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Beyond Inclusion and Exclusion: Jewish Experiences of the First World War in Central Europe

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Beyond Inclusion and Exclusion

Jewish Experiences of the First World War in Central Europe

Edited by Jason Crouthamel, Michael Geheran, Tim Grady and Julia Barbara Köhne

408 pages, 29 illus., bibliog., index

ISBN  978-1-78920-018-8 $130.00/£92.00 Hb Not Yet Published (November 2018)

eISBN 978-1-78920-019-5 eBook Not Yet Published


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Reviews

“This interdisciplinary collection of essays is a penetrating and deeply researched analysis of how the horrors of World War I shaped, in contradictory and surprising ways, Jewish life. It is an impressive achievement that will stand alongside some of the best scholarship in the field.” • Eugene M. Avrutin, University of Illinois

Beyond Inclusion and Exclusion is truly at the forefront of research in the field. It approaches its subject in an original, sophisticated and intellectually riveting manner. Coherent and convincing throughout, the book manages to surprise and engage, all the while expanding our understanding of what it meant to be a Jew during World War I.” • Ilse Josepha Lazaroms, Central European University

Description

During the First World War, the Jewish population of Central Europe was politically, socially, and experientially diverse, to an extent that resists containment within a simple historical narrative. While antisemitism and Jewish disillusionment have dominated many previous studies of the topic, this collection aims to recapture the multifariousness of Central European Jewish life in the experiences of soldiers and civilians alike during the First World War. Here, scholars from multiple disciplines explore rare sources and employ innovative methods to illuminate four interconnected themes: minorities and the meaning of military service, Jewish-Gentile relations, cultural legacies of the war, and memory politics.

Jason Crouthamel is an Associate Professor of History at Grand Valley State University. His publications include An Intimate History of the Front: Masculinity, Sexuality and German Soldiers in the First World War (2014), The Great War and German Memory: Society, Politics and Psychological Trauma (2009) and two collections coedited with Peter Leese: Psychological Trauma and the Legacies of the First World War and Traumatic Memories of the Second World War and After (both 2016).

Michael Geheran is a Postdoctoral Fellow at the Center for Holocaust and Genocide Studies at the United States Military Academy. He is a graduate of Norwich University, Harvard University, and Clark University, where he earned his Ph.D. in 2016. He is currently working on a book based on his doctoral research, which examines the experiences of German-Jewish World War I veterans during the Holocaust.

Tim Grady is a Reader in Modern History at the University of Chester. He is also the author of The German-Jewish Soldiers of the First World War in History and Memory (2011), A Deadly Legacy: German Jews and the Great War (2017), and co-editor, with Hannah Ewence, of Minorities and the First World War: From War to Peace (2017).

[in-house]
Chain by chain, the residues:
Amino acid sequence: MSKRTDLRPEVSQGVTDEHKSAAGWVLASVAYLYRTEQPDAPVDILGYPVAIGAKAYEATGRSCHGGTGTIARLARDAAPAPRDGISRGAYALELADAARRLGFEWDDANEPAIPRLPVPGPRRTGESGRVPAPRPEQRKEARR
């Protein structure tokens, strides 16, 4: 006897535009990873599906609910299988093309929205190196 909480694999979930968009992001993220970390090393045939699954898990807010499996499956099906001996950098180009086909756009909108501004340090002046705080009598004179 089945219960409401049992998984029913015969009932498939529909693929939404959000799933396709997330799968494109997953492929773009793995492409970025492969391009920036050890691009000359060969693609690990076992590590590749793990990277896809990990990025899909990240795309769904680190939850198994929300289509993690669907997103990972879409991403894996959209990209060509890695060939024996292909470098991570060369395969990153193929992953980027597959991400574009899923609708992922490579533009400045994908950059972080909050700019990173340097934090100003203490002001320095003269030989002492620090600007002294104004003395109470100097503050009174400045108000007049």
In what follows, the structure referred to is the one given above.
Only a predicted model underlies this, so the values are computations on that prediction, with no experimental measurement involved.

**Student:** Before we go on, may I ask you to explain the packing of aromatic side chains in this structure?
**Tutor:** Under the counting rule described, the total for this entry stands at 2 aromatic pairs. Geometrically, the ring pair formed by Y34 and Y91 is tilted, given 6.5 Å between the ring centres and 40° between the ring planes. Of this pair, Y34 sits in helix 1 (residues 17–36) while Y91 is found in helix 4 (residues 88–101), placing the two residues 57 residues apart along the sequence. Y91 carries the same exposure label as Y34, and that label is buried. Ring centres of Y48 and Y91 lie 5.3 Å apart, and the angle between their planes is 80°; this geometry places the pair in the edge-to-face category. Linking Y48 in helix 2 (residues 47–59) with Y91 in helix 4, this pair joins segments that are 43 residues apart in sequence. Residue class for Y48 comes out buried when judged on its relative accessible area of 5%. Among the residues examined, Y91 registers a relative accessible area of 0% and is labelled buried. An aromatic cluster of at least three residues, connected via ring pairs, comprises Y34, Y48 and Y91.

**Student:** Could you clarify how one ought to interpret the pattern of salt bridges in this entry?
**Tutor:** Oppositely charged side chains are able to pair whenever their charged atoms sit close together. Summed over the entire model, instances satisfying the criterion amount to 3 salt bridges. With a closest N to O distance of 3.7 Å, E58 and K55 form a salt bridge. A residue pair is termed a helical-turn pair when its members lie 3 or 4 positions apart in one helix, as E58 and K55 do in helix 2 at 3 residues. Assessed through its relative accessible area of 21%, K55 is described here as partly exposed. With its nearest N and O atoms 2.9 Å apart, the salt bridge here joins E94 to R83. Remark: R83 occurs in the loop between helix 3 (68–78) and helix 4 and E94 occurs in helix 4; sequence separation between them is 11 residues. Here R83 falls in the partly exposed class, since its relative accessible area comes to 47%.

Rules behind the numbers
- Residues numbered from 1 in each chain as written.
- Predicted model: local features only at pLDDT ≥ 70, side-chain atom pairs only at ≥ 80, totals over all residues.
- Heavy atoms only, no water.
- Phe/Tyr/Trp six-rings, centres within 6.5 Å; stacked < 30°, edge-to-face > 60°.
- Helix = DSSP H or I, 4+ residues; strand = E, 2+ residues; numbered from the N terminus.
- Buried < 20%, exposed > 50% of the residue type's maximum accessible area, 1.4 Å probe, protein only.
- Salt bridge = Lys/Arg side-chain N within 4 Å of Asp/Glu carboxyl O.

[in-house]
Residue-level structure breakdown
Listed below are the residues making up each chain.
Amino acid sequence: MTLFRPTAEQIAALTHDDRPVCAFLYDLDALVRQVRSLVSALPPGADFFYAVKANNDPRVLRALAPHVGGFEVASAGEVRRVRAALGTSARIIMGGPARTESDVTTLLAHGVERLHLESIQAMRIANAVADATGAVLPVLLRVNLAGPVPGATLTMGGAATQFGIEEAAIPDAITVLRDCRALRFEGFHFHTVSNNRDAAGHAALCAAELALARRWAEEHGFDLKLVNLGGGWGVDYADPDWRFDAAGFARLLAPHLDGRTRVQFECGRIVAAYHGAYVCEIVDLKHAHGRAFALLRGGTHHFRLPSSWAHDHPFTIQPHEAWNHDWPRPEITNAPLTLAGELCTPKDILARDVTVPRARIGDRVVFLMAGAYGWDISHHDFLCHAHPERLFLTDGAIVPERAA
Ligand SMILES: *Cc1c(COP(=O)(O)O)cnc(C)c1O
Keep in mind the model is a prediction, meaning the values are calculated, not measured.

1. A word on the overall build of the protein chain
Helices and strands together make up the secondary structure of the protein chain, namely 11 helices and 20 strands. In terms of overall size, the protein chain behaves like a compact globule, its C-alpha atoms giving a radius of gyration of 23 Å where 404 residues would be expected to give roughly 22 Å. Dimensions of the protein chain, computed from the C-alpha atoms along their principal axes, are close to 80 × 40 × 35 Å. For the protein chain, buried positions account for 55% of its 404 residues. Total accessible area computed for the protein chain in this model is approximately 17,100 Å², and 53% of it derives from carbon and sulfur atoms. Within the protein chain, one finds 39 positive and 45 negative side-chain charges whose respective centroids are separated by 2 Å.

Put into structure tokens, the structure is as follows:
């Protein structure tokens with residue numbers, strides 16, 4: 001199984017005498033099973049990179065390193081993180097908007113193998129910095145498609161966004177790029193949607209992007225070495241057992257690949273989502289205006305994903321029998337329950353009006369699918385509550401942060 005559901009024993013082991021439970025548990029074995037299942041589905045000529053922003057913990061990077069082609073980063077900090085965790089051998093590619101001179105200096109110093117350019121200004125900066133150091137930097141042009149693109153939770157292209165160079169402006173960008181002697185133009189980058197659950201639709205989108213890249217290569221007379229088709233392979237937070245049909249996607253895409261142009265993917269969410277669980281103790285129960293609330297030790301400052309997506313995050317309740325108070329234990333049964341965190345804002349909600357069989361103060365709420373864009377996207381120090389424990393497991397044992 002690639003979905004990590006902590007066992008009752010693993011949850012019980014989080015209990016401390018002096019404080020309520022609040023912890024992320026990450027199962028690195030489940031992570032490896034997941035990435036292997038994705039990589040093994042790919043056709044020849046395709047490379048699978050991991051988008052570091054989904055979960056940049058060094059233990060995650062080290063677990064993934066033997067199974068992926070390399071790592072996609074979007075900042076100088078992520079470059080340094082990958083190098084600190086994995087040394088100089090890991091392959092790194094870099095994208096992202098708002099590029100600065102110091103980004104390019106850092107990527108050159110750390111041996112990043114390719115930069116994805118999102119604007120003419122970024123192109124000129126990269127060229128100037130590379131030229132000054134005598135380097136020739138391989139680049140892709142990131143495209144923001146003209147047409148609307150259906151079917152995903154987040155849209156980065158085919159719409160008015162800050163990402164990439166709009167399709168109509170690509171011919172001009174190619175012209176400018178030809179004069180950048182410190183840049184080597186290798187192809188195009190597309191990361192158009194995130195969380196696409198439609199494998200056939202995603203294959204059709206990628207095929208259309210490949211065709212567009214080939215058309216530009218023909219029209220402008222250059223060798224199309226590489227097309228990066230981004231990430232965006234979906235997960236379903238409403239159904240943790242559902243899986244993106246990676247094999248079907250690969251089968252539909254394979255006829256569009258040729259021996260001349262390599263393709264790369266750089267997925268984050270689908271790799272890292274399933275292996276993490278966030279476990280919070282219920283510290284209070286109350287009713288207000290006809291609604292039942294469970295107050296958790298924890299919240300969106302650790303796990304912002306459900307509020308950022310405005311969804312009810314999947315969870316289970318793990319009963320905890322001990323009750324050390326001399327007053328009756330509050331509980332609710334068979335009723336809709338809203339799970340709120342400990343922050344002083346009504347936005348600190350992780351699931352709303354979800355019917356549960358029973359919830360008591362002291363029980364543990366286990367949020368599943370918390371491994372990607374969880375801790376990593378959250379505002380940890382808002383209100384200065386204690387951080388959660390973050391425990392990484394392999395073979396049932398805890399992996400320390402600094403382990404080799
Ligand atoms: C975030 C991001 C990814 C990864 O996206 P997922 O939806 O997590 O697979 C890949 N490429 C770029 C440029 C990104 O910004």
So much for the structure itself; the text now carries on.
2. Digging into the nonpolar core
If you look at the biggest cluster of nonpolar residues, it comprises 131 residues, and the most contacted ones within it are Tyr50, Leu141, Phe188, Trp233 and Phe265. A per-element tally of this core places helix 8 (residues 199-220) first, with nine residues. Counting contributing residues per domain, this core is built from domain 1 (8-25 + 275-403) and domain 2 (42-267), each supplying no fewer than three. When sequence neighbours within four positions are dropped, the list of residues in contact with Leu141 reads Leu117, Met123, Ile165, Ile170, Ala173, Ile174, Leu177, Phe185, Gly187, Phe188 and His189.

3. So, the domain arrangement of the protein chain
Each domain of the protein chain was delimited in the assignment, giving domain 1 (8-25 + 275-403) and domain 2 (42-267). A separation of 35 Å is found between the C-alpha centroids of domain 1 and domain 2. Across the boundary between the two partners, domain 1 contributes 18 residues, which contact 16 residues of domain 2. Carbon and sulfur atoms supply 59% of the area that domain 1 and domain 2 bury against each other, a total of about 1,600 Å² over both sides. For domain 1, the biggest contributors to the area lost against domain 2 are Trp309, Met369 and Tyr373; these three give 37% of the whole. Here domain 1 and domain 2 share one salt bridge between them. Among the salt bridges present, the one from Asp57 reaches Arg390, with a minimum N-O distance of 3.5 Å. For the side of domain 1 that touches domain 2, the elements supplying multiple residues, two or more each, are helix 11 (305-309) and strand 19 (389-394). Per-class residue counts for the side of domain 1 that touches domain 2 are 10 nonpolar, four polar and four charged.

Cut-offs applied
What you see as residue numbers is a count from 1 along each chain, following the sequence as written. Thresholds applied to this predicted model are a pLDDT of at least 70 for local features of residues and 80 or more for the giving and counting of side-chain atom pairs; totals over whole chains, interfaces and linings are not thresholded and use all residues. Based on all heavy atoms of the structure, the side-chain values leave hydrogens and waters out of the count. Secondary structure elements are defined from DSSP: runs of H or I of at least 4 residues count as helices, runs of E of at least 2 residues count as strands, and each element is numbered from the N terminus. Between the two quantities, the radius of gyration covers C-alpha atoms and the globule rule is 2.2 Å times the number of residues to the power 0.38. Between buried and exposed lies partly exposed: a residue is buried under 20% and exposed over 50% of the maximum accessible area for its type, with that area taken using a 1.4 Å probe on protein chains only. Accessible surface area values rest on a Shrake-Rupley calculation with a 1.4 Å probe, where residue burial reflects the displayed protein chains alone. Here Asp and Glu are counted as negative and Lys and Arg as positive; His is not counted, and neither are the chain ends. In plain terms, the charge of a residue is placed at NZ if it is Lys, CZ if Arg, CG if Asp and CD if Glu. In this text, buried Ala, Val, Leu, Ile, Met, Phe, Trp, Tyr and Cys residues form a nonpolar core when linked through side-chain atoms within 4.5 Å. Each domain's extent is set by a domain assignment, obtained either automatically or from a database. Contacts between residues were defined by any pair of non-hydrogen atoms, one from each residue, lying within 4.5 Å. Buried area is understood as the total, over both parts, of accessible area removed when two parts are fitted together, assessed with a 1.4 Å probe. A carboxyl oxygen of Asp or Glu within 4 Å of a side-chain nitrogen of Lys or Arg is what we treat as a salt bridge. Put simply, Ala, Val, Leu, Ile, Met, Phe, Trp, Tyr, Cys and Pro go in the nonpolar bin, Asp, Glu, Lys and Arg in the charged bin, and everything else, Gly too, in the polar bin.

Julia Barbara Köhne is a Visiting Assistant Professor of the history of culture at Humboldt-Universität in Berlin.  She is the author of Geniekult in Geisteswissenschaften und Literaturen um 1900 und seine filmischen Adaptionen (2014), Kriegshysteriker. Strategische Bilder und mediale Techniken militärpsychiatrischen Wissens, 1914–1920 (2009), and co-editor, with Ulrike Heikaus, of Krieg! Juden zwischen den Fronten 1914–1918 (2014).

Subject: Jewish Studies WWI History 20th Century History
Area: Central/Eastern Europe



Contents

Acknowledgements

Introduction

PART I: AT THE MARGINS: MINORITIES AND THE MILITARY

Chapter 1. Hopes and Disappointments: German and French Jews During the Wars of 1870/71 and 1914–1918
Christine Krüger

Chapter 2. Habsburg Jews and the Imperial Army Before and During the First World War
Tamara Scheer

Chapter 3. The ‘Stepchildren’ of the Kaiserreich: Alsatians in the German Army During the First World War
Devlin Scofield

PART II: RELATIONS: CONTESTED IDENTITIES DURING THE FIRST WORLD WAR

Chapter 4. Rethinking Jewish Front Experiences
Michael Geheran

Chapter 5. ‘Being German’ and ‘Being Jewish’ During World War I: An Ambivalent Transnational Relationship?
Sarah Panter

Chapter 6. In the Shadow of Antisemitism: Jewish Women and the German Home Front During World War I
Andrea A. Sinn

Chapter 7. The Social Engagement of Jewish Women in Berlin During the First World War
Sabine Hank

Chapter 8. “My Comrades Are for the Most Part On My Side”: Comradeship Between Non-Jewish and German Jewish Front Soldiers in the First World War
Jason Crouthamel

PART III: REPRESENTATION: THE CULTURE OF WAR

Chapter 9. Blind Spots and Jewish Heroines: Refashioning the Galician War Experience in 1920s Hollywood and Berlin
Philipp Stiasny

Chapter 10. Agnon on the Home Front in In Mr Lublin’s Store: Hebrew Fiction of the First World War
Glenda Abramson

PART IV: CONTESTED MEMORIES: WORKING THROUGH THE LEGACIES OF WAR

Chapter 11. Paper Psyches: On the Psychography of the Front Soldier According to Paul Plaut
Julia Barbara Köhne

Chapter 12. Narrative Negotiations: Interpreting the Cultural Position of Jews in National(social)ist War Narratives from 1914 to 1945
Florian Brückner

Conclusion
Derek Penslar

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